Much of ABC managing director Mark Scott's speech last night was testimony to the failure of Australia's media ownership laws over the last 30 years. Somehow, we've ended up with the key battle in Australian media being between the national broadcaster and the largest commercial media company.
For News Corporation, of course, the ABC is exactly what the BBC is for its British newspapers and pay TV interests: a taxpayer-funded competitor deeply loathed not so much for purported bias or ideological opposition, as for how it provides for free what News Corp wants to charge for -- and increasingly must charge for -- given the collapse in its newspaper revenues.
Scott argues the ABC alone can be the nation's town square and the trusted source of news. He is correct on that score: the ABC's services are far ahead of any commercial media organisation in terms of Australians' trust, particularly compared to some of News Corp's tabloid newspapers, which are the least trusted major newspapers in the country.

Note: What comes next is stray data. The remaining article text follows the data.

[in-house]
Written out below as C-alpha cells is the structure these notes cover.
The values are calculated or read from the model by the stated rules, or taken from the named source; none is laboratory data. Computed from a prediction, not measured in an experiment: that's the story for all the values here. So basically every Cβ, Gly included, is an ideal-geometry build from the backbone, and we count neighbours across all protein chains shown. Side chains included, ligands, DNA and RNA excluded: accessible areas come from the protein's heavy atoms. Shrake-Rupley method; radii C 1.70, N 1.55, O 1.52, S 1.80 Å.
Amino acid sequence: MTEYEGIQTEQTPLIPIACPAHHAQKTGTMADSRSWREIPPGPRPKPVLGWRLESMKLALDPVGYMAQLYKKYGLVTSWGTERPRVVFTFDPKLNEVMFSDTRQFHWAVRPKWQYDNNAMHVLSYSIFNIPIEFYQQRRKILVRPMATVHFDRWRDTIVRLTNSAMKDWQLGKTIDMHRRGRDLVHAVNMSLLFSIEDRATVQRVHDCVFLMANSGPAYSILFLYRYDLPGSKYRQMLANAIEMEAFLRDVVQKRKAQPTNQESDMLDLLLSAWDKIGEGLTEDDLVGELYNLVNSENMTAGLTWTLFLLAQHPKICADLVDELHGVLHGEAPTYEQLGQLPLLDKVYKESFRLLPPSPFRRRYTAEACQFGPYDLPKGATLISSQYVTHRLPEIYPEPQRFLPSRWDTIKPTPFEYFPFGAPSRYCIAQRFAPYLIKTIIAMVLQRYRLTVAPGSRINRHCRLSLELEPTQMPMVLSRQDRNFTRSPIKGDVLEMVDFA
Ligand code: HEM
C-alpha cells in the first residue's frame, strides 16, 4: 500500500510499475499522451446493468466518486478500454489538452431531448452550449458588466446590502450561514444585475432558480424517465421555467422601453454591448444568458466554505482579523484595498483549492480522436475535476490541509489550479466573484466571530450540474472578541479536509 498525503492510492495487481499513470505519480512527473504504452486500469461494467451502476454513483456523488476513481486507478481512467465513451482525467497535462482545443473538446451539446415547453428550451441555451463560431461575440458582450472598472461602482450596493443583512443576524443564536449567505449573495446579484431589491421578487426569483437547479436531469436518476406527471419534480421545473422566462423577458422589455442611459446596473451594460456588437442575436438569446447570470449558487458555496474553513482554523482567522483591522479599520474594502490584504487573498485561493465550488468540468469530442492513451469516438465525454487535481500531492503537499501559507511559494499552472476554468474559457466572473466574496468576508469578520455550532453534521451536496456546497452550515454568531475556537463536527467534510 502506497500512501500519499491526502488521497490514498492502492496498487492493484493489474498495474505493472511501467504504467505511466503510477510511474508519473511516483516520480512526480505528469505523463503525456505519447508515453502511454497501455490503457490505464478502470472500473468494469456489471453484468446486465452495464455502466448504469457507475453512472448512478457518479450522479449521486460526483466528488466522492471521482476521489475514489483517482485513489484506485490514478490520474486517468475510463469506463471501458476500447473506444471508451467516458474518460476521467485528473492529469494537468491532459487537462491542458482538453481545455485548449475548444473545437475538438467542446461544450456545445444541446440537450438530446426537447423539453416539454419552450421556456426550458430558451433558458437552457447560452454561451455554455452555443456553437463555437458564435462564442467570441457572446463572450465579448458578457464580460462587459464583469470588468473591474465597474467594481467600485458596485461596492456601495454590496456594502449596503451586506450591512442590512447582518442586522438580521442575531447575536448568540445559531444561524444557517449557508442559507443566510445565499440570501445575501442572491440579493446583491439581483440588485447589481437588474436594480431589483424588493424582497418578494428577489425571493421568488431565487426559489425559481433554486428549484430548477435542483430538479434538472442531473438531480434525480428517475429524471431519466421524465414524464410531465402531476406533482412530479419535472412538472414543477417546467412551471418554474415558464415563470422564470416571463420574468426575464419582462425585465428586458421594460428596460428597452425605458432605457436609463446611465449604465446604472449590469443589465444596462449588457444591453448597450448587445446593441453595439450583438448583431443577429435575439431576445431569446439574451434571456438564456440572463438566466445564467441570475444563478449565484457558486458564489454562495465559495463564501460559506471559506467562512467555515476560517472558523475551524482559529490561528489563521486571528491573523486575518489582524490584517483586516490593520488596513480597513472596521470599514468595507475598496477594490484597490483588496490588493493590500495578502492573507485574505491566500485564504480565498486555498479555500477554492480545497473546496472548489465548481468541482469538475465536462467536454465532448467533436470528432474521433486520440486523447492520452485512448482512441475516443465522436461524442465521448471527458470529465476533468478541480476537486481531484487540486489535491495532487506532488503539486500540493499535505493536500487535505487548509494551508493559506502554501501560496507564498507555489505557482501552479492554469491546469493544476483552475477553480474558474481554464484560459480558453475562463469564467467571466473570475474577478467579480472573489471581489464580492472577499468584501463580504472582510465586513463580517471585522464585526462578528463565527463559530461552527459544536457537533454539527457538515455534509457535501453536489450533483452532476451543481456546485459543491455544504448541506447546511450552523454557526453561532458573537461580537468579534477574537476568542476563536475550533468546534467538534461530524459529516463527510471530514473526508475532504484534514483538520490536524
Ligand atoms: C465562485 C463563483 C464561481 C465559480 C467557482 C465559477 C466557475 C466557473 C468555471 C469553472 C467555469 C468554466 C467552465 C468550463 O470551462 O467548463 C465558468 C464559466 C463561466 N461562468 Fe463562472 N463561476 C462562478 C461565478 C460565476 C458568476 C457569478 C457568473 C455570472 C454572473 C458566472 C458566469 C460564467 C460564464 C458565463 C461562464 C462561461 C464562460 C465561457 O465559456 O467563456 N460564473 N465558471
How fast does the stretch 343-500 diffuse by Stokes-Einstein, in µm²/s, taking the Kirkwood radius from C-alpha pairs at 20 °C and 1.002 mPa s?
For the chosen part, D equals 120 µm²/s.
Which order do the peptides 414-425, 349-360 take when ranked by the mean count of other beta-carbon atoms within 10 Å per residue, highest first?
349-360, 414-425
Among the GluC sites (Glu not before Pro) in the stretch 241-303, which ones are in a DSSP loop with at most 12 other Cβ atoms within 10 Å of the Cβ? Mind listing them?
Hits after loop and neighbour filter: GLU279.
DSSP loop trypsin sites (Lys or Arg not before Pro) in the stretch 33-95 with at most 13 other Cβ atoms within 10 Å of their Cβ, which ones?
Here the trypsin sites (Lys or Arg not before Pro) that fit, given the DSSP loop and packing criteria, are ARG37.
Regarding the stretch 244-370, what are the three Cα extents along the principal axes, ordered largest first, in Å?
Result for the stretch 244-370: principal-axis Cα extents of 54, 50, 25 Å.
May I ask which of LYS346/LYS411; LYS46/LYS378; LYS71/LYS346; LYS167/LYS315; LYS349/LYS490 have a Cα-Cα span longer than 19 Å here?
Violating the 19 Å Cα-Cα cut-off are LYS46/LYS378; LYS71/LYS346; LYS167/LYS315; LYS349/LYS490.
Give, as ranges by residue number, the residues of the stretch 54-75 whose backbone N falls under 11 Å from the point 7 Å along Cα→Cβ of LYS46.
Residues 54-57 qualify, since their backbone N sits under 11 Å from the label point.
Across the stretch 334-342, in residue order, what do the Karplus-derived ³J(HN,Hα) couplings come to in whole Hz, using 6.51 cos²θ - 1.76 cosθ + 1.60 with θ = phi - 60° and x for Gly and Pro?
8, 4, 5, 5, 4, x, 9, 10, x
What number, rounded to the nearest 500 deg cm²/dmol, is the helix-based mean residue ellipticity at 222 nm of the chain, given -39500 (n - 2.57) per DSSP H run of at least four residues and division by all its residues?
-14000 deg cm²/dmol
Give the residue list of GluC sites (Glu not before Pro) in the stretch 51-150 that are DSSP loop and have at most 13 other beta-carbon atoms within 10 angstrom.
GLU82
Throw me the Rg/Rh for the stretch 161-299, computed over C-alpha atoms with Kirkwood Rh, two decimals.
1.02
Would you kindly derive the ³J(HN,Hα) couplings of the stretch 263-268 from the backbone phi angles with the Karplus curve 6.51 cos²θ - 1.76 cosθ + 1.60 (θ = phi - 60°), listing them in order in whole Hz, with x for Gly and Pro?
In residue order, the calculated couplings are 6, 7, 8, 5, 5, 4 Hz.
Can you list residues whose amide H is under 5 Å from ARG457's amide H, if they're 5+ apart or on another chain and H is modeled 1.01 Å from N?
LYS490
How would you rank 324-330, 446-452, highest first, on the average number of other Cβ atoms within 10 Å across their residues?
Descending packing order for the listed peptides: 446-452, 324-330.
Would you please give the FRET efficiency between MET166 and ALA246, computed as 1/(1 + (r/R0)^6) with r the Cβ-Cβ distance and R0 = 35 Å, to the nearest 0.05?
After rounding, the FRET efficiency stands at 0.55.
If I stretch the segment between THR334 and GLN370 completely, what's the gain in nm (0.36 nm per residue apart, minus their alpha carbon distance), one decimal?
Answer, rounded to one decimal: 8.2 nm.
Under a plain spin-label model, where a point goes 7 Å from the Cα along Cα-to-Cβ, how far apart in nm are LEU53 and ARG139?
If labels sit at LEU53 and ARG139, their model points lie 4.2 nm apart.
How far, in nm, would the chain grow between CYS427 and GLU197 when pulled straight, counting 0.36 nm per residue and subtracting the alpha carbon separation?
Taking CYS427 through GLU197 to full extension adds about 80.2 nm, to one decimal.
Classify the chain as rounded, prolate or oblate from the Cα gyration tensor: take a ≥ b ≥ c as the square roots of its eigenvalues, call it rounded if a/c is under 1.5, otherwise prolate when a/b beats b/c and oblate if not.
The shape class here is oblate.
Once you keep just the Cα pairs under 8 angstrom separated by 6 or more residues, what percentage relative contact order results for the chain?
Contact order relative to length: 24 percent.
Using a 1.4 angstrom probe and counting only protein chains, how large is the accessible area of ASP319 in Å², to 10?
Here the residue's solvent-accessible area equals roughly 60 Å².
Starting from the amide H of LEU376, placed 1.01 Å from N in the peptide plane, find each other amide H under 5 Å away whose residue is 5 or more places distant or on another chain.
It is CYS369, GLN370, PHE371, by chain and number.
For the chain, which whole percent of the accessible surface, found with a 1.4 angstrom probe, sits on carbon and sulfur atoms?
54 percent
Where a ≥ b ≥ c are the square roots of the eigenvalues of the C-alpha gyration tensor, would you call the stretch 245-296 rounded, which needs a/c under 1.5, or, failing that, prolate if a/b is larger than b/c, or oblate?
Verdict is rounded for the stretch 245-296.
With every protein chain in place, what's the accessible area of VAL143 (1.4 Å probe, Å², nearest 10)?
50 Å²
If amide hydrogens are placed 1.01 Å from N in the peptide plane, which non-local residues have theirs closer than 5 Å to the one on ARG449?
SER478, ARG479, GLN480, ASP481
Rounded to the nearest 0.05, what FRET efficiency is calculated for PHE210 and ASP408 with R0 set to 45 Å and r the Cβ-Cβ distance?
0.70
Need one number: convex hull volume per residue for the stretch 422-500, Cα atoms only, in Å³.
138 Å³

But the Australian media landscape should be more than the ABC versus News. The ABC (and SBS) should be an important, but not dominant, part of a vibrant media landscape composed of a variety of commercial voices.
That landscape has long since vanished: Australia's major media outlets are now controlled by just six groups or families, with the Murdoch family -- via its control of newspapers, pay TV and the ailing Ten Network -- the most dominant. That leaves the ABC as an increasingly lonely source of public interest content.
Yes, the internet, and the dramatic changes it has wrought in media across the world, is partly responsible. But that outcome reflects the decisions of generations of politicians, from Labor in the 1980s onward, who have structured Australia's media ownership rules to facilitate an ever-tightening grip of oligopoly.
As a result, we now need the ABC far more than ever before. And that's not a healthy outcome.